My cupboard is bare
Luke 11:1–13 … Teach us to pray. Hmm.
…one of [Jesus’] disciples said to him, “Lord, teach us to pray…” …Then he said to them, “Suppose one of you has a friend, and she goes to that friend at midnight and says, ‘Friend, lend me three loaves of bread, because a friend of mine on a journey has come to me, and I have nothing to set before him.’
“Then the one inside answers, ‘Don’t bother me. The door is already locked, and my children are with me in bed. I can’t get up and give you anything.’ I tell you, though he will not get up and give her the bread because she is his friend, yet because of the woman’s boldness he will get up and give her as much as she needs.
I heard this, went home, and sat in my chair to reflect. Here’s what hit me: This woman is not asking for something for herself. She’s asking for food for a visiting friend, because her own cupboard is bare.
In my intercession for the people I love, my cupboard is bare—and Jesus is telling me what I can do about it. If I go to my creator God, who is far more powerful and compassionate (one assumes) than any of my neighbors, and ask for something on behalf of a stranded visitor who’s in my house, God will not refuse me.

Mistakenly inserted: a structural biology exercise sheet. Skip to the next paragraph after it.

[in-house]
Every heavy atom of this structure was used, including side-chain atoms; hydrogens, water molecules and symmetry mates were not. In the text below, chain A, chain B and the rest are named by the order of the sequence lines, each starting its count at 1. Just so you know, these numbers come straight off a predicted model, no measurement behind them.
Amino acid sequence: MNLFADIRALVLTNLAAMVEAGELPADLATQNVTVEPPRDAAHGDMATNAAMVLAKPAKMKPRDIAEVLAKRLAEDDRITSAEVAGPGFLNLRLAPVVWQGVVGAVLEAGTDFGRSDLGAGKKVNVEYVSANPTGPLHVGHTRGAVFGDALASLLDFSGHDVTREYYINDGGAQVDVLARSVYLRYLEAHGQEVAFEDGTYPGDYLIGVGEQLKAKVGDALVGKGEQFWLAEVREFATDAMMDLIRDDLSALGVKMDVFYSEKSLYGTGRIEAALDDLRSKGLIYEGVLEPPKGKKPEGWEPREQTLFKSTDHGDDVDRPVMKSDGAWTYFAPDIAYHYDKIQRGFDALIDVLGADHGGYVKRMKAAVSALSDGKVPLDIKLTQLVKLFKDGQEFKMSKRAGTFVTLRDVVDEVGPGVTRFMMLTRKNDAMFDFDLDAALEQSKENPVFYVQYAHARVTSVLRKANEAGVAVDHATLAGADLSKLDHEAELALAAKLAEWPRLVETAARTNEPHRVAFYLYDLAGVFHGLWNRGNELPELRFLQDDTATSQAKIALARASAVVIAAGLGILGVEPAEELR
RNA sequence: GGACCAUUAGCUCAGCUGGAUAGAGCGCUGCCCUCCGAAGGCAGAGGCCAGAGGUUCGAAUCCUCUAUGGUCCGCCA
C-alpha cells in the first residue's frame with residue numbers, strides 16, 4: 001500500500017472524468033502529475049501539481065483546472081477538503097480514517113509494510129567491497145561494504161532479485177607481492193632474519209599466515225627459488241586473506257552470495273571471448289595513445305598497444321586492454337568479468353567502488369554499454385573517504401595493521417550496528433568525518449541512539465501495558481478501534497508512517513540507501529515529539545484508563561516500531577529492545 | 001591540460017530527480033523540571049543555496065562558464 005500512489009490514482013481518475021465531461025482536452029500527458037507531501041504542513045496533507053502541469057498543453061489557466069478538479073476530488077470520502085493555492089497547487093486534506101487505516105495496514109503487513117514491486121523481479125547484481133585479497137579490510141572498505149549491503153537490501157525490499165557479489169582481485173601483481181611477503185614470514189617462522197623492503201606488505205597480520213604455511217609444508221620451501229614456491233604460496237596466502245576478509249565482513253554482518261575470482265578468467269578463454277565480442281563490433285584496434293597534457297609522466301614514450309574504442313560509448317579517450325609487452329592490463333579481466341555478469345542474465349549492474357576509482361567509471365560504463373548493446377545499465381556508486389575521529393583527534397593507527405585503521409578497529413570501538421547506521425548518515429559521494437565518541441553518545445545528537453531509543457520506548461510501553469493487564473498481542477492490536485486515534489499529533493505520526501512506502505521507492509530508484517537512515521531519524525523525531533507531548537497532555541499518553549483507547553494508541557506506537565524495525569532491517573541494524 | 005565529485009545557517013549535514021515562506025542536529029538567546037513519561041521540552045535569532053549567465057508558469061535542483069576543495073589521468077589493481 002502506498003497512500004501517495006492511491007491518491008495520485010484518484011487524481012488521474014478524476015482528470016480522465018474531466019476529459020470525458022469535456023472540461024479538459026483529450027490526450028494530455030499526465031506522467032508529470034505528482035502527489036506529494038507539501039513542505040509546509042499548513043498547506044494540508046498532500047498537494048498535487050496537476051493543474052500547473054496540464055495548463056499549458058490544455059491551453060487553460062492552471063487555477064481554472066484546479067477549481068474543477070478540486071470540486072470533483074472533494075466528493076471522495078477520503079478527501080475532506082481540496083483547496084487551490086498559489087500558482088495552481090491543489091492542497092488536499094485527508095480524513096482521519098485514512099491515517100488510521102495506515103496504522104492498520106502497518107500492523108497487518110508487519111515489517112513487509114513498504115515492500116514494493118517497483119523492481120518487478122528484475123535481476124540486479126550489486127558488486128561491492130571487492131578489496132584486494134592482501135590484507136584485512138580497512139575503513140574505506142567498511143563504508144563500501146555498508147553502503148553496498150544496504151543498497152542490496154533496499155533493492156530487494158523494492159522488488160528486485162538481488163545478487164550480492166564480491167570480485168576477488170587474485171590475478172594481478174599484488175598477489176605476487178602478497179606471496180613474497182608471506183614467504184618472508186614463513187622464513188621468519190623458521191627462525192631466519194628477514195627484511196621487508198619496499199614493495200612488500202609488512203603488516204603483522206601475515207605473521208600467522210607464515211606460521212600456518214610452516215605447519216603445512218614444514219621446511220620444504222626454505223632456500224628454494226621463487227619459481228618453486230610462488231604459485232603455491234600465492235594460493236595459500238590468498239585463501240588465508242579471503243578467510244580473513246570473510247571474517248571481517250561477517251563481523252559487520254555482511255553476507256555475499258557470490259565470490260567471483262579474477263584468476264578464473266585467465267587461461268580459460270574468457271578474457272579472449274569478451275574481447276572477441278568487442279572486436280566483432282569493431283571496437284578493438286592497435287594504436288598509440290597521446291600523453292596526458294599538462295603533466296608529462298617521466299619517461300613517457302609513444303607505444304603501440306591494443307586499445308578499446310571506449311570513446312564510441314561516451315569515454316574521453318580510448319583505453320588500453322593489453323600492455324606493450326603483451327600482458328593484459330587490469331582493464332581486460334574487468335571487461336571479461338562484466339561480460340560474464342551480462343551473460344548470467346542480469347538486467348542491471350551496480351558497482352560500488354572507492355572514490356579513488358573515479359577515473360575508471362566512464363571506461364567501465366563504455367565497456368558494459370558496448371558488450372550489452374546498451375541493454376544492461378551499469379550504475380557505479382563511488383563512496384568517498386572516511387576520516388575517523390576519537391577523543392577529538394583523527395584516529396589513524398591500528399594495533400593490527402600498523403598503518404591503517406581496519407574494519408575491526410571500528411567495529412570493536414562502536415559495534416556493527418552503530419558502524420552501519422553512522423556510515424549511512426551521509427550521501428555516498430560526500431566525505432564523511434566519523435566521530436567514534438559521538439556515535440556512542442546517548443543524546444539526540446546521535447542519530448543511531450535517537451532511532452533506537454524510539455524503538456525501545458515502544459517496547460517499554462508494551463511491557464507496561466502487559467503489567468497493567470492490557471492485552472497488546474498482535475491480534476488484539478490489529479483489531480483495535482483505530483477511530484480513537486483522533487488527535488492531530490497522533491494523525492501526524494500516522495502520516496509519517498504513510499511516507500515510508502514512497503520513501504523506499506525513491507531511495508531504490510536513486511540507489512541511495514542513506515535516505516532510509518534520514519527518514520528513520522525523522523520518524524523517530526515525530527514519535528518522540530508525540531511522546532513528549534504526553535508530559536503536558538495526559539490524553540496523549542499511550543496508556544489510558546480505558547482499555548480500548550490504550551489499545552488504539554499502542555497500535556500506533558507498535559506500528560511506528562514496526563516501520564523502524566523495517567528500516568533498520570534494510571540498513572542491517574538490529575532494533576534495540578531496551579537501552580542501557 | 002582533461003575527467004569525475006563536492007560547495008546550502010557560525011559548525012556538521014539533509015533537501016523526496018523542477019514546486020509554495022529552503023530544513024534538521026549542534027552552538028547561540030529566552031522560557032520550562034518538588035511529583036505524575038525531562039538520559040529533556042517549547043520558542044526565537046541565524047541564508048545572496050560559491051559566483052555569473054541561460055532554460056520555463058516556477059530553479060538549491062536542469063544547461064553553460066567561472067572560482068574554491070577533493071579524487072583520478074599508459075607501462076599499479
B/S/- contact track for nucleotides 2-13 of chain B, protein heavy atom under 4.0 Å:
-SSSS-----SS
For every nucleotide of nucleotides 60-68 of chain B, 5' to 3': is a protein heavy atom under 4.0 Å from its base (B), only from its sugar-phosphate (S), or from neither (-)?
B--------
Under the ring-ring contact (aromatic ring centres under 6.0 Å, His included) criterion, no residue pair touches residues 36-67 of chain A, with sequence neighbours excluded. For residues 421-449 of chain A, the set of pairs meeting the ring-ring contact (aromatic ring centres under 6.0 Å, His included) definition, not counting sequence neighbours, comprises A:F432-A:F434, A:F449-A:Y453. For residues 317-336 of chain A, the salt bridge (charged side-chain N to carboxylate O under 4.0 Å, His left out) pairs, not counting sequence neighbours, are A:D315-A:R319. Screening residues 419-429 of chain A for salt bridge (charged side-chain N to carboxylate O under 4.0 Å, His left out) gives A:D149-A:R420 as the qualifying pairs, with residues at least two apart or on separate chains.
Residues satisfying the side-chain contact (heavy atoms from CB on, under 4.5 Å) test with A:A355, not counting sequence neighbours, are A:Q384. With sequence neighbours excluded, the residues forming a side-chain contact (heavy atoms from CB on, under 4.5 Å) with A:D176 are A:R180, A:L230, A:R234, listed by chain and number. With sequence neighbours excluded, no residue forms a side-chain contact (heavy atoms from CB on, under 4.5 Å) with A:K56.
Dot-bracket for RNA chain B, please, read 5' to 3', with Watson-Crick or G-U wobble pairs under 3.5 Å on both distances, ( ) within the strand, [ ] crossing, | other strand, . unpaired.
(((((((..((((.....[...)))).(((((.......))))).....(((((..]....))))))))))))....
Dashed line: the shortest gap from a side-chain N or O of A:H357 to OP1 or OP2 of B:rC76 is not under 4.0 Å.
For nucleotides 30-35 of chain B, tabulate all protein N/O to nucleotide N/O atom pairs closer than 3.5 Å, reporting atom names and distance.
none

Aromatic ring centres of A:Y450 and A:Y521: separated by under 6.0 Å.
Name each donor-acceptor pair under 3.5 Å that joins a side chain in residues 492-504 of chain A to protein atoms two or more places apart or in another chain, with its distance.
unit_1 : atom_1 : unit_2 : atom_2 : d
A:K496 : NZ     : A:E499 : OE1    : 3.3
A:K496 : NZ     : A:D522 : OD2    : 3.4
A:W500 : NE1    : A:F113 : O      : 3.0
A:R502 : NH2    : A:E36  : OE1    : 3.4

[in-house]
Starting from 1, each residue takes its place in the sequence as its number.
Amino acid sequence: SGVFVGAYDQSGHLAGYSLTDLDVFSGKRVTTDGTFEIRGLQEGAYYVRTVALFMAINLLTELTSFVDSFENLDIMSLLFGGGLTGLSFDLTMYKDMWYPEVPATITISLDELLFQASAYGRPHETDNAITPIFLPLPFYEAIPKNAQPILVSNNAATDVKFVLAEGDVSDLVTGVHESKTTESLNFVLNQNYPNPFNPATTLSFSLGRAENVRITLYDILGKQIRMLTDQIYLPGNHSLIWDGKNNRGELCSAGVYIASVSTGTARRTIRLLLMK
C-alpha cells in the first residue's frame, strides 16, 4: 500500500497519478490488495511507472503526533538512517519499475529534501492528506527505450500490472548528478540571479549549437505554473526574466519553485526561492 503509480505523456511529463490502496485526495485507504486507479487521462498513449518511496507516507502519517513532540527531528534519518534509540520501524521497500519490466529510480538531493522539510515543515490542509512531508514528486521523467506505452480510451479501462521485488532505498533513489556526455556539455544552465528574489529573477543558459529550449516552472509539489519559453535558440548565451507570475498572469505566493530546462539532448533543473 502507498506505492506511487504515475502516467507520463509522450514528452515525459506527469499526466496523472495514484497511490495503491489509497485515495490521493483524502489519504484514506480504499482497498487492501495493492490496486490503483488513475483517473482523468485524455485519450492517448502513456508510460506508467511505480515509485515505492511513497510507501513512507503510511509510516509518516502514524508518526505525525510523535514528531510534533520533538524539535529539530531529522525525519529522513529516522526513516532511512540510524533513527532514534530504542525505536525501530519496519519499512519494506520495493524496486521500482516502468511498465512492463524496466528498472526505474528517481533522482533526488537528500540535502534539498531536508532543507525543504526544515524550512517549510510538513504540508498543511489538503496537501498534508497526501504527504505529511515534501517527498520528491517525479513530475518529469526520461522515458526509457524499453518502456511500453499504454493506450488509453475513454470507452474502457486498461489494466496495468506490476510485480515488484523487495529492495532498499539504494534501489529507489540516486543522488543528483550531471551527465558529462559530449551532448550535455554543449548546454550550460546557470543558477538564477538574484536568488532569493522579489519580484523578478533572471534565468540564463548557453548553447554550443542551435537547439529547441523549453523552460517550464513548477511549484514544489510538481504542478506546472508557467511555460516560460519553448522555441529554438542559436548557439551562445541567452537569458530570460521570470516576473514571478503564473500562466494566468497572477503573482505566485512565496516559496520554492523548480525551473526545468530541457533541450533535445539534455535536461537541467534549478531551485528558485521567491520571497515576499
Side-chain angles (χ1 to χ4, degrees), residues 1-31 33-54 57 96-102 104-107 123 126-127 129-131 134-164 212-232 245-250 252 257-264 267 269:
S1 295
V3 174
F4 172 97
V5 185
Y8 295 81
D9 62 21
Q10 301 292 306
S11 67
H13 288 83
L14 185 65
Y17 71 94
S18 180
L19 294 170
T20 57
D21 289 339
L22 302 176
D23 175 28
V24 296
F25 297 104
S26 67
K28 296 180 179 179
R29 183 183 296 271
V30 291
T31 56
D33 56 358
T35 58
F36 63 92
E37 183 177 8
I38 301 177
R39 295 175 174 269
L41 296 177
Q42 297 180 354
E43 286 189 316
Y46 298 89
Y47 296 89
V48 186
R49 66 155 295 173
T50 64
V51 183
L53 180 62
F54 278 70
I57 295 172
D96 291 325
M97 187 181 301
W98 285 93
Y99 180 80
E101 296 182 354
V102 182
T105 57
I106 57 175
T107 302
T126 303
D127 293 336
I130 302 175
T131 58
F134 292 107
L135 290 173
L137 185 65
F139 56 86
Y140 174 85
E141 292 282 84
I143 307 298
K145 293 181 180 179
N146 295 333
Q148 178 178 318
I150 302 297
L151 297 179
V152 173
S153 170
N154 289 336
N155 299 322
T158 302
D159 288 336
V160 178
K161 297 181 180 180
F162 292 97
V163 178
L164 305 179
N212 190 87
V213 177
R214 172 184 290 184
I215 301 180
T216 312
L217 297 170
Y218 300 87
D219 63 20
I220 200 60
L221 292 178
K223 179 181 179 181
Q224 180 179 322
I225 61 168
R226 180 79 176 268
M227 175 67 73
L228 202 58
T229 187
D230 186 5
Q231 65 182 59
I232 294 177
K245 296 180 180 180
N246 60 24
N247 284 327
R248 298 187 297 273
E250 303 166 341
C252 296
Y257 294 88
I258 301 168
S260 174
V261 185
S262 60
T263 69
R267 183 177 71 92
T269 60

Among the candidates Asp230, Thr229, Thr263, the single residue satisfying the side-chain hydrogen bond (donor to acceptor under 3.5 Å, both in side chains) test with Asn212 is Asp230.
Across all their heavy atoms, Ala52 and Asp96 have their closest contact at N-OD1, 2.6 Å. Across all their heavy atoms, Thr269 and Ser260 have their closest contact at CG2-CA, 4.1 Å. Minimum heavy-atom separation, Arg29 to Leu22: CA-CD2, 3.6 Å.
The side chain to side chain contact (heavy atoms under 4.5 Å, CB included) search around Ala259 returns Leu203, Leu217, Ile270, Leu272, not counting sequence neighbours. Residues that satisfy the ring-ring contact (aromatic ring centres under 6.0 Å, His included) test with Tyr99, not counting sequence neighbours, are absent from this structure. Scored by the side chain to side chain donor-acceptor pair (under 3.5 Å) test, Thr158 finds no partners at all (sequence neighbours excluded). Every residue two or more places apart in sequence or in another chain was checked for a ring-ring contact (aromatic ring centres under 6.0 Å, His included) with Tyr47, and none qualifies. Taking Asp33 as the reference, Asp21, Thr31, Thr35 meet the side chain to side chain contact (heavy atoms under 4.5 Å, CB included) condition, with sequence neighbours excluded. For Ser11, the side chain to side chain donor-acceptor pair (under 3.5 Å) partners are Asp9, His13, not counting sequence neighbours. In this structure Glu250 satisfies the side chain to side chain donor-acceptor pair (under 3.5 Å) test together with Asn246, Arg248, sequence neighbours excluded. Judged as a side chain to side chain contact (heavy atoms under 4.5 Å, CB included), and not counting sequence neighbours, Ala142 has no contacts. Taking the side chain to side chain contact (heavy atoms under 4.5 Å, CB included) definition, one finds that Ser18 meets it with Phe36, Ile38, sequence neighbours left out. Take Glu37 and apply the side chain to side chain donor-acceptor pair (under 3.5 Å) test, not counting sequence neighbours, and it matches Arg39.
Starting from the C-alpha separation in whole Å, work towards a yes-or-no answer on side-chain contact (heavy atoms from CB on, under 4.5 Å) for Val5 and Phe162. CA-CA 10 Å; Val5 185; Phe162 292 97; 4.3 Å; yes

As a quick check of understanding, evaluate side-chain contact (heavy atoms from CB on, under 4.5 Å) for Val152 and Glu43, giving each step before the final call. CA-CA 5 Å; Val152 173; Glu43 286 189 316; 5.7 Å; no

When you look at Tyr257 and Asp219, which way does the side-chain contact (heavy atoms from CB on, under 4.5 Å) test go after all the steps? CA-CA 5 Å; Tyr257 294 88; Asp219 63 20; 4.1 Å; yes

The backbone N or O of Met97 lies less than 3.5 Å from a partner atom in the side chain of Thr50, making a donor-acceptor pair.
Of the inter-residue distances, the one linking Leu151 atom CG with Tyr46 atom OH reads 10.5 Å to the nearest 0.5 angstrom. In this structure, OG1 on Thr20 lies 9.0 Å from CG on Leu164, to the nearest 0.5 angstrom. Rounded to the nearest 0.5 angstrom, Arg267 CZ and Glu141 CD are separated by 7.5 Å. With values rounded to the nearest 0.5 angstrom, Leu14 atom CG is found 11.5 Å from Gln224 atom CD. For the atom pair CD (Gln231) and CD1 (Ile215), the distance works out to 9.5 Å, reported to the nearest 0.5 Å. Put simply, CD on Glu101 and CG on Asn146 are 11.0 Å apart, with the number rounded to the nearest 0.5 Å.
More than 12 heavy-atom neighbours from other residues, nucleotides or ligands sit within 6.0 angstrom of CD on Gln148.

- In this particular passage, Jesus is talking about asking on behalf of others, not on behalf of ourselves, and
- He’s talking about asking for *food* … necessities; sustenance, not luxuries, and
- The one praying is literally the “intercessor” in that she herself will deliver the bread. (*sigh*)
The rest of my prayer time went something like this….
God, God! It’s the middle of the night inside me, I am so tired inside, and I have no power to help these people I love. Help, help! They are tired too, and they need food, and only you have it. Please provide it. I can’t save them! I can’t heal them!
And if I must be the one to deliver what you give them, I will, if you show me how. I don’t want to. But you know that.